“Takes a lot of work to write a huge article discussing nonhuman personhood and the interconnecteness of trees without ever mentioning indigenous ppl
Takes even more to write a book about American trees through history without any Native people in it”
Been a while since I listened to the audiobook but IIRC chapter one was about…a white Nordic pioneer moving chestnuts to a place they weren’t native, no mention of the people whose land he was stealing, and he was presented in an admiring light
You want a book on plants being cool, read Braiding Sweetgrass by Robin Wall Kimmerer, a member of the Citizen Potawatomi Nation, and PhD and professor in Environmental and Forest Biology. You don’t need a white guy who had a revelation that trees are nice when he saw a redwood
Oh ffs [screenshot]
Indigenous ppl around the world have been saying this shit for centuries, & some have been killed for saying it just last week in the Amazon
Some white guy: trees are nice and life is connected. Maybe we should be nice to trees
Western media: omg so deep, write a profile on him
Yuuuuppppp [responding to https://twitter.com/BuildSoil/status/1229835809592766464 ]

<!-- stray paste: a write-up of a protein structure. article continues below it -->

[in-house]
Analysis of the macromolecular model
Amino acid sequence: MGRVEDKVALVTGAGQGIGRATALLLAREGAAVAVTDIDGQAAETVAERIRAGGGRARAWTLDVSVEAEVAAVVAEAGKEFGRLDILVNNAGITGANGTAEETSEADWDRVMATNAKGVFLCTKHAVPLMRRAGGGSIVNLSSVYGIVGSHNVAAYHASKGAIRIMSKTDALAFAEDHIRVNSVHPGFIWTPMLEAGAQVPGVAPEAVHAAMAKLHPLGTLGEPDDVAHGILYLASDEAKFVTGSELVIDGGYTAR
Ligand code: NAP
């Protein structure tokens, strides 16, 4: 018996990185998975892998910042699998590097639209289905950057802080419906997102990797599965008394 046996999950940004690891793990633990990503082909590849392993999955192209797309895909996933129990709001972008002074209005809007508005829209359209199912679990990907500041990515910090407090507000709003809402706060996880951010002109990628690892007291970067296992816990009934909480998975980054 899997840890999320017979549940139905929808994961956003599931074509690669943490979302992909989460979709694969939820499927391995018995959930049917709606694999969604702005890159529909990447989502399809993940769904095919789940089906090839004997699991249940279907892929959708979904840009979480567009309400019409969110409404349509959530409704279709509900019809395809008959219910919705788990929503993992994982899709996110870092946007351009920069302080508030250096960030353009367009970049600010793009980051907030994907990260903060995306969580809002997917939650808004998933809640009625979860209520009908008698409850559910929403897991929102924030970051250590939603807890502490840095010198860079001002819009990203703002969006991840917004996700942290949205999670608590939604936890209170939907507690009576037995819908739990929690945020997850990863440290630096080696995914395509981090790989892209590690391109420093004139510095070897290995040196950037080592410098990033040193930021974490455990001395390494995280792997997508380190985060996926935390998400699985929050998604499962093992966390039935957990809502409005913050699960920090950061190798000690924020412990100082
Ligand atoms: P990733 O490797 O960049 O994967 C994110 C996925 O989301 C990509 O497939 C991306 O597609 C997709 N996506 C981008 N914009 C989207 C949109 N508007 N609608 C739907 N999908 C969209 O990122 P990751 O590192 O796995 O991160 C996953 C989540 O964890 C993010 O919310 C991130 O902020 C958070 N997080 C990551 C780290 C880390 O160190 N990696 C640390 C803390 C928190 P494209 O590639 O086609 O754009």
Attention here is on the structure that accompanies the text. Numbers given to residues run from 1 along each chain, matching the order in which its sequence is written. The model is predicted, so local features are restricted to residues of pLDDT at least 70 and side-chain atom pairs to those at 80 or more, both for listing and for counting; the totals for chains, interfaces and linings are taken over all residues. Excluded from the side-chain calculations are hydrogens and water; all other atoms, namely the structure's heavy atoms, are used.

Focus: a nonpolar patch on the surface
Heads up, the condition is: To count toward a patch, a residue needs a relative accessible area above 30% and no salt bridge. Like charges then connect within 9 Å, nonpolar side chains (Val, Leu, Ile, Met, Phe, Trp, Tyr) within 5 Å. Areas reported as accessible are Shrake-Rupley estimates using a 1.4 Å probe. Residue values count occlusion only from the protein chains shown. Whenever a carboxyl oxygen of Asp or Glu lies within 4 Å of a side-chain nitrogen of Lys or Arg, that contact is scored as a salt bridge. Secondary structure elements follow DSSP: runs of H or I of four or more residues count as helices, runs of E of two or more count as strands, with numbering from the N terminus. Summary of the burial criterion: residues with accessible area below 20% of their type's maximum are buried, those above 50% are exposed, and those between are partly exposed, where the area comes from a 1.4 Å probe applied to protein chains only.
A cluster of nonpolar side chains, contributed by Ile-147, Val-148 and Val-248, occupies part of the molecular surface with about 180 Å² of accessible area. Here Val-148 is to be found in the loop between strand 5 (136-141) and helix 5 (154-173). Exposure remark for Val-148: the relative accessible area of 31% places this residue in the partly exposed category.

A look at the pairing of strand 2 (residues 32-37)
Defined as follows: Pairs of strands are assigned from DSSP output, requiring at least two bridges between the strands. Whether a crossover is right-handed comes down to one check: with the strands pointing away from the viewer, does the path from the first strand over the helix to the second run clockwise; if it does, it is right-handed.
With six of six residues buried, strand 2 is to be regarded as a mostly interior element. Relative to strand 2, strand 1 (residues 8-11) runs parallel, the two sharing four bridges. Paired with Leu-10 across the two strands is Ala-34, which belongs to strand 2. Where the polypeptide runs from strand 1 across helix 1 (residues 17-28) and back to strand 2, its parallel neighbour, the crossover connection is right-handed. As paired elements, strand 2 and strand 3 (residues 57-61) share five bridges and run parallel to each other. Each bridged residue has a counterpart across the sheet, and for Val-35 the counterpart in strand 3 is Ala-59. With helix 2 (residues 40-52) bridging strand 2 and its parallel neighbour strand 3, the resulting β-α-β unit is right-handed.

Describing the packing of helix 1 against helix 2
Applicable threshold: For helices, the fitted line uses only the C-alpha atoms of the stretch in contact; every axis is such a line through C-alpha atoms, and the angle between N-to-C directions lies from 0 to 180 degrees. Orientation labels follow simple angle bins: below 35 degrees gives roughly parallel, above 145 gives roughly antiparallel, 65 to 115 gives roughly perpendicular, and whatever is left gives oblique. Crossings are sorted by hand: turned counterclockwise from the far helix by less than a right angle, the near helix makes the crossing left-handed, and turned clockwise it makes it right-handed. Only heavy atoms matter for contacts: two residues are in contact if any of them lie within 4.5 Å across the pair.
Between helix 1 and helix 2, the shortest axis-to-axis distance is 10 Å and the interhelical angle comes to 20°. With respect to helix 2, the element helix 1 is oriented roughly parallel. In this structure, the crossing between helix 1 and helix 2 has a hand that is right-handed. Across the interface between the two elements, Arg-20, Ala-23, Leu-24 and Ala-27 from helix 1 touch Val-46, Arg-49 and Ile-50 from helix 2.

So y’all I read the overstory and I gotta say: what the fuck?
The American chestnut forests were an agroforestry system managed over millennia. No mention? Wow.
Serious Native erasure and i’m pretty sure biotech propaganda too.
That was 12 hours I could have used planting chestnuts.
Yes he’s a talented writer. Talented writing crafts nationalist origin stories and fake histories all the time.
Just on a practical level. Not realizing that landscapes like the e. forests or the Amazon were there because of indiganous people’s is directly connected to people feeling like there are no solutions. Of course landscapes degrade when you remove their managers and designers.
Imagine if a settler Brazilian wrote a book about the Amazon with literally no mention of indigenous people, who were and are its primary stewards since forever, and played and play an immense role in fostering its incredible biodiversity in spite of ongoing genocide. That’s this
“Wow! Look at that!” Richard Powers exclaims, pointing to a tree rising from the slope above us. Branches arch outward from its stout trunk, bark marbled in a greenish cast. The tree, which he identifies as a tulip poplar, looms over the slender young beeches that surround it.